Activation of satellite cells after injury is essential for muscle repair, and hepatic growth factor was the first to be shown to stimulate this activation. Do not be misled by the name of this growth factor, which would lead one to conclude that it is found only in the liver. Experiments show that HGF is also present in muscle, can be released after injury, and is capable of activating dormant satellite cells. The satellite cells are quiescent when exposed to serum in culture, but proliferate when exposed to mitogens from crushed muscle extract. Basic fibroblast growth factor or bFGF also has these properties. At least as far as proliferation is concerned.

I probably won’t surprise anyone if I reveal that certain anabolic steroids activate satellite cell proliferation and differentiation. For example, in an experiment in rats, the anabolic steroid trenbolone was found to exert anabolic effects by stimulating the proliferation and differentiation of satellite cells as a result of the increased sensitivity of these cells to the action of IGF-1 and FGF.

The role of insulin-like growth factor-1 or IGF-1

Among those factors that stimulate both the proliferation and differentiation of satellite cells, we cannot miss the well-known insulin-like growth factor-1 or IGF-1. On the other hand, the increase in the concentrations of the binding protein-2 (IGFBP-2) for this factor decreases the proliferation and differentiation of satellite cells induced by IGF-1. Type I receptors for IGF-1 have been found on the surface of satellite cells from turkey.

This raises the question of how satellite cells can be activated. The natural way to do this is by various training that disrupts the integrity of the cell membrane to allow the cell contents to leak into the environment. In fact, with this content leaks the described and other growth factors which will induce proliferation and differentiation of the satellite cells, thus providing new nuclei with DN to allow further growth of the muscle fibers and thus the muscle overall.

The important role of the newly discovered myostatin protein

Recently, news broke in the press that scientists have finished discovering and mapping the human genome. Among those genes that have recently been discovered is a gene that produces a protein known as ‘myostatin’. The first report on myostatin appeared in the scientific literature only in September 1997 and concerned cattle. Myostatin or GDF-8 (growth and differentiation factor-8) is a member of the large family of transforming growth factor-ß (TGFß). Exceptional muscle development, referred to as ‘double muscling’, has been observed in several breeds of beef cattle and has attracted considerable attention from meat producers. Double-muscled animals are characterized by a 20% increase in muscle mass, which is thought to be mainly due to muscle fiber hyperplasia. At least that is what is reported in this study. Further research has shown that this extra muscle gain is due to a mutation in the relevant gene that produces the inactive protein myostatin. A similar mutation was found in mice that also showed excessive muscle growth. This has given rise to various speculations about the possibility of targeted genetic manipulation of other breeding animals, thus creating double-muscled breeds. The benefit to the food industry, and thus to humanity, is obvious. However, it will not be that simple. Research in this area is in its infancy, but myostatin undoubtedly has a role in tissue growth. For example, increased expression of myostatin during prenatal development in pigs results in low birth weight piglets.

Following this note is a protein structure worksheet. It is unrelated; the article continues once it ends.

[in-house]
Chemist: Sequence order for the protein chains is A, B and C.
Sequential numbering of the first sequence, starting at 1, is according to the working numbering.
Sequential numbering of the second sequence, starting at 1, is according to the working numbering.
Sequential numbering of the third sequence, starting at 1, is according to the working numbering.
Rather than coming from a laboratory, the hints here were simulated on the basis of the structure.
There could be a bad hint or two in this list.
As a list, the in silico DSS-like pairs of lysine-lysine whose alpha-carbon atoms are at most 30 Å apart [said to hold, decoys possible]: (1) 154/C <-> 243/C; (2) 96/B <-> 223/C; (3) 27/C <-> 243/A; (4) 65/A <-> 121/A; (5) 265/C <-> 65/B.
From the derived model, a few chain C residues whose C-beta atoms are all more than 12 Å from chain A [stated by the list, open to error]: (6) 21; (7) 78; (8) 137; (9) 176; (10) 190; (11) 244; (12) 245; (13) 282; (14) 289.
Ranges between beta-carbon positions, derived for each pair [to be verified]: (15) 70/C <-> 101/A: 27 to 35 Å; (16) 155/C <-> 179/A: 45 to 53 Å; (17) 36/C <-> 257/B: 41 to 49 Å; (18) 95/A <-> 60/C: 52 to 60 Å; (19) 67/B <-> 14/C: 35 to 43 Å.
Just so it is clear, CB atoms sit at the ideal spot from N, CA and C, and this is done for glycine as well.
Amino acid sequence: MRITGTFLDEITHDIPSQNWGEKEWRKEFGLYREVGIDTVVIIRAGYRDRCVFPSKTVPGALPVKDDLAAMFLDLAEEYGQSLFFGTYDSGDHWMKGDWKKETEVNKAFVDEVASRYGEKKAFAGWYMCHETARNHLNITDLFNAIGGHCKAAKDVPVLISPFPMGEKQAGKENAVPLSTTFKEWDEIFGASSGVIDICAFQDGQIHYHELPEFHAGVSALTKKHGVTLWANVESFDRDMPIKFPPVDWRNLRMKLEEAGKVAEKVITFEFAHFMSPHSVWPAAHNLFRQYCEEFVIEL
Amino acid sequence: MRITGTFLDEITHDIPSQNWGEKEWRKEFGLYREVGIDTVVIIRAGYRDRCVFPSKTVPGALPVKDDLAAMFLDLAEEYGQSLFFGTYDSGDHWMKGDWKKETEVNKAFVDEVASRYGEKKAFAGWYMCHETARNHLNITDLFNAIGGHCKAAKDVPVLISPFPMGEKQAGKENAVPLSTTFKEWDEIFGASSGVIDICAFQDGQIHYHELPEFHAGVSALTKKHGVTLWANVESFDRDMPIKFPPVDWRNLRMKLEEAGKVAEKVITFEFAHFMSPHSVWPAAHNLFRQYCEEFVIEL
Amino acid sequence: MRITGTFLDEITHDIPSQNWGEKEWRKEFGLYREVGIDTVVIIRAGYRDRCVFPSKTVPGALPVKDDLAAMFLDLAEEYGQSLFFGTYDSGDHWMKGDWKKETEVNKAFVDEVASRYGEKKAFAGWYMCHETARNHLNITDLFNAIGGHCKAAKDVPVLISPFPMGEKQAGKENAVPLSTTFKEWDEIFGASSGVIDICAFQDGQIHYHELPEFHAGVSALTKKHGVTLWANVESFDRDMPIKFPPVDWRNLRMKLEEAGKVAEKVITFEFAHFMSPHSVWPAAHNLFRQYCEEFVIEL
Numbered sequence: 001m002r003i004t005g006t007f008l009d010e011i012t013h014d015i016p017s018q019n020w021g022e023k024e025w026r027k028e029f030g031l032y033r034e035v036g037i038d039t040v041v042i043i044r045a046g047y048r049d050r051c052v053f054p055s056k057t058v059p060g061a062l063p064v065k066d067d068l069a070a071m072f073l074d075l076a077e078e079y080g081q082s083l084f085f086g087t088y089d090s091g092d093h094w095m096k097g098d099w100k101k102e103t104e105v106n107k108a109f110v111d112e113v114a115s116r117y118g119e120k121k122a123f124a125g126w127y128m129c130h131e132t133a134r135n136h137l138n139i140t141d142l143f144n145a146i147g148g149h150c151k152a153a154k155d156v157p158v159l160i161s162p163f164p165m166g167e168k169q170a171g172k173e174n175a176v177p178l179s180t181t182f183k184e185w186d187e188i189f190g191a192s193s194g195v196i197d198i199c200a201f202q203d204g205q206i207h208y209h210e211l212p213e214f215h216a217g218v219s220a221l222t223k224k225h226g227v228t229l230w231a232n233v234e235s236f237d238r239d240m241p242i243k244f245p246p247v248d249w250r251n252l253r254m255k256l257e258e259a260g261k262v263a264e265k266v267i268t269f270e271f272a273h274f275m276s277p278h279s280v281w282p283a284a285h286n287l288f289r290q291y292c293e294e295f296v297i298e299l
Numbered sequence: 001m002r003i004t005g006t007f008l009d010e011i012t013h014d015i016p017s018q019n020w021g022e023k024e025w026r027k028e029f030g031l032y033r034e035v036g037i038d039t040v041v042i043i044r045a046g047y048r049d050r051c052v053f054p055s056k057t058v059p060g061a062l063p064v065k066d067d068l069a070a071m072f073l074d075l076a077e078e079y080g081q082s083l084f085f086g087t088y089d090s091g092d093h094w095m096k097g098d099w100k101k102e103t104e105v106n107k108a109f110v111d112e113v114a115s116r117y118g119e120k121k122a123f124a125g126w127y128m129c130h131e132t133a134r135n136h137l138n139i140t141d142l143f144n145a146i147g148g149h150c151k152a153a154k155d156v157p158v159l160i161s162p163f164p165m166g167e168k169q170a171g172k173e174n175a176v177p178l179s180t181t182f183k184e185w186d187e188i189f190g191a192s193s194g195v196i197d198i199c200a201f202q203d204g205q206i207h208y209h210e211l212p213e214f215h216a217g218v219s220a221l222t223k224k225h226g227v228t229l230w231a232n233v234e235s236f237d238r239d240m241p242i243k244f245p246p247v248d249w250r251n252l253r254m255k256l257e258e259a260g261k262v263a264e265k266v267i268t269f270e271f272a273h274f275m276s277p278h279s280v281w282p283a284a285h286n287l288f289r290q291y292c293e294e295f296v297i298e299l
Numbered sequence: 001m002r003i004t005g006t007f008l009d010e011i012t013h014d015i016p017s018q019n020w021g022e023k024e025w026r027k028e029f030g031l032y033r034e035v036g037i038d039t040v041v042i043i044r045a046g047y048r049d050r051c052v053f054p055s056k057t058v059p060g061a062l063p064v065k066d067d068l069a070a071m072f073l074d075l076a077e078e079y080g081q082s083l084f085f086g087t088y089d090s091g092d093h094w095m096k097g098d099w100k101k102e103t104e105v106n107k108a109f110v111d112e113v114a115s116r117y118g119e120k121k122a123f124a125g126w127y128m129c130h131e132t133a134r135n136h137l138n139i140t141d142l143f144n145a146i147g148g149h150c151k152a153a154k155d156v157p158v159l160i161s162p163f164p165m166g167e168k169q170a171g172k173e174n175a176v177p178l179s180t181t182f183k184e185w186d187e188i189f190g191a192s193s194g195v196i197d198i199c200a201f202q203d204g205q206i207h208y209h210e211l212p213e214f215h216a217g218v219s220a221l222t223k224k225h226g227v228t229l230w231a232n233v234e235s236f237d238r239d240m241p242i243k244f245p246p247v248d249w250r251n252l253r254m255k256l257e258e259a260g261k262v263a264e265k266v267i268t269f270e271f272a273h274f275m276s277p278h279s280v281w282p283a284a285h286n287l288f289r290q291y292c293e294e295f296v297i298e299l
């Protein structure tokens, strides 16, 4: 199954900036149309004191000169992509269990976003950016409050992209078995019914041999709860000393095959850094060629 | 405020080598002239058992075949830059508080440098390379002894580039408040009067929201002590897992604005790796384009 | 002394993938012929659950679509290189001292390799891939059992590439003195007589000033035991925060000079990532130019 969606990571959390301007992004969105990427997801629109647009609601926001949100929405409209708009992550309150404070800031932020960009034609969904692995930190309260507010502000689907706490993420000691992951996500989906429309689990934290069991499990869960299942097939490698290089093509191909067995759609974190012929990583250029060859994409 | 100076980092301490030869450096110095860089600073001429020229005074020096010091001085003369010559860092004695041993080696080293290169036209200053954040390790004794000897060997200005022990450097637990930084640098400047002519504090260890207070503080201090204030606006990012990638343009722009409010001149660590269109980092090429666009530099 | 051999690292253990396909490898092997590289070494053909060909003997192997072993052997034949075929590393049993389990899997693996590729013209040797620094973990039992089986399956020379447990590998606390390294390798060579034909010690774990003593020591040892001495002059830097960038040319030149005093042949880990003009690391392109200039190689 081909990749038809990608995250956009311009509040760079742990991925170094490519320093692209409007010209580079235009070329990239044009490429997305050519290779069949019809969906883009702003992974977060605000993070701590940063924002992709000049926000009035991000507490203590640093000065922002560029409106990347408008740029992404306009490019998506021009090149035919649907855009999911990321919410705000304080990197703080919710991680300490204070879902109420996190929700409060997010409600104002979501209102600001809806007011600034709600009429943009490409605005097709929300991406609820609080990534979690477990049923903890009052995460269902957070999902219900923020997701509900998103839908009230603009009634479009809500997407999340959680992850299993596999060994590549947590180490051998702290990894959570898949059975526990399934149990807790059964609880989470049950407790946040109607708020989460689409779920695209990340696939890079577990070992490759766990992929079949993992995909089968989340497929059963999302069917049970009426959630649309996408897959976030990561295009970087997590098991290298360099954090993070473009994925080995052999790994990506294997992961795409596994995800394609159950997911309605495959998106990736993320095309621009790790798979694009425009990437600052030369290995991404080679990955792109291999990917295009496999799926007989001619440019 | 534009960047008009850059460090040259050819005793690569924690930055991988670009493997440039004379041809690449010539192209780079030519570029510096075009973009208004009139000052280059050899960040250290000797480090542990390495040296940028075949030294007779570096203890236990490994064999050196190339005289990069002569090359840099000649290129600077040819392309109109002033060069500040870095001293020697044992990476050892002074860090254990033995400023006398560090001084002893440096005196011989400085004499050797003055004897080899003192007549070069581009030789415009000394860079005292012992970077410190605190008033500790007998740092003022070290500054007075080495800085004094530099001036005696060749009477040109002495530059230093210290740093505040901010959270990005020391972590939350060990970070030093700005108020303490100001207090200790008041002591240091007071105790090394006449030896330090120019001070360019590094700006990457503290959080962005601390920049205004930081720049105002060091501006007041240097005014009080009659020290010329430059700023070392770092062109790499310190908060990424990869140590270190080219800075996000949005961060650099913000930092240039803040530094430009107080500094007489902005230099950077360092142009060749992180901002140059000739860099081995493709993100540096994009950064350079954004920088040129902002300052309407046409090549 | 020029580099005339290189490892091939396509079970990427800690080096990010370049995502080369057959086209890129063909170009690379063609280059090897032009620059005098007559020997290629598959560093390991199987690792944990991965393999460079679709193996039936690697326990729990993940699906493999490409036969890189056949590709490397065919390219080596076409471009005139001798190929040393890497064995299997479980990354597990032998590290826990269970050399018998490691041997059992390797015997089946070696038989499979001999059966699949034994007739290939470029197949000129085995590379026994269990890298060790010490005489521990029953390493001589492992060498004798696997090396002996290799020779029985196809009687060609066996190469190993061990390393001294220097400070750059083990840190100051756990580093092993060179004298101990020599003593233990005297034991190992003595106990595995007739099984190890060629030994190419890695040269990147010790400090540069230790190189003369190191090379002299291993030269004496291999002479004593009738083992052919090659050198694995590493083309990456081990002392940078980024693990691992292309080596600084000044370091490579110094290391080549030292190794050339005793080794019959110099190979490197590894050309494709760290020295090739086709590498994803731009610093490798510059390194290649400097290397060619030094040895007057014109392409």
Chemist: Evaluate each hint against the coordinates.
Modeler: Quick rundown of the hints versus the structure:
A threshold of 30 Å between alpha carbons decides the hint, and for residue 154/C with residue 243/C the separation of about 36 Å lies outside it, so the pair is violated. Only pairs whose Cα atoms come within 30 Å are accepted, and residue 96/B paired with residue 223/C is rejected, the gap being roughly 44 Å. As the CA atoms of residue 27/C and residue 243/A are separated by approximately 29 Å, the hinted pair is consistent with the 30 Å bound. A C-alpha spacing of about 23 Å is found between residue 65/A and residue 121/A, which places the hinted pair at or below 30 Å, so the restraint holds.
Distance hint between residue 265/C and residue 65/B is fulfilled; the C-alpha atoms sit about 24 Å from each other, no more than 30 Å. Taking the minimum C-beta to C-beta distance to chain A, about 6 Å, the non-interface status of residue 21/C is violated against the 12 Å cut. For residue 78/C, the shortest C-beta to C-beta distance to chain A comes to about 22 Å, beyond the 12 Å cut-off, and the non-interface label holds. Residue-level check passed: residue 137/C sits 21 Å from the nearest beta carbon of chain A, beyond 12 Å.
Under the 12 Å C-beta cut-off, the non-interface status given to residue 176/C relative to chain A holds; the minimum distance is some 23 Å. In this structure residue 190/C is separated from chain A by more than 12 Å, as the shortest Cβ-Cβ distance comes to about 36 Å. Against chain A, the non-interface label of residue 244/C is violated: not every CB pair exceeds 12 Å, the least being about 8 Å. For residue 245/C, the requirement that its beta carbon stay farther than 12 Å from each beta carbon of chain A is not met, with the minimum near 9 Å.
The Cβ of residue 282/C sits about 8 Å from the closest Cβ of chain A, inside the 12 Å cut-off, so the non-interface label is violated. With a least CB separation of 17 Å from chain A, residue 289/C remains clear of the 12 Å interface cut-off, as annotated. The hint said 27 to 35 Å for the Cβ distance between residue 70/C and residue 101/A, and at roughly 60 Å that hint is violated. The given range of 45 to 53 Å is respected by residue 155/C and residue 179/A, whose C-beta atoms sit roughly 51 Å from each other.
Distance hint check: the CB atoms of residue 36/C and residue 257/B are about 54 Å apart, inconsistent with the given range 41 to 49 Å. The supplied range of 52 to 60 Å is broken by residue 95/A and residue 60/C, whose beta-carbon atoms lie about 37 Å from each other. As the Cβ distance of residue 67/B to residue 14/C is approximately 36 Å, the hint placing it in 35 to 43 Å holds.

Recent research has also disrupted the existing dogma that muscle hypertrophy in non-functioning myostatin is caused predominantly or solely by muscle fibre hyperplasia. Transgenic (the artificial introduction of an altered gene into the cells of the test organism) mice expressing mutant negative myostatin showed a significant 20-35% increase in muscle mass, which was due to muscle fiber hypertrophy, not muscle fiber hyperplasia.

What does this all mean? Postnatal muscle growth is controlled by different mechanisms than the bodybuilding literature tries to tell us, promoting, without any scruples, dopey muscles. Do you know any other magazines that promote dope? I don’t. This is also why Bill Philips, editor-in-chief of Muscle Media, does not include any bodybuilding sports in the pages of this magazine. You can’t promote nutrients with doping muscles and vice versa. It’s a scam on potential customers who may conflate the two.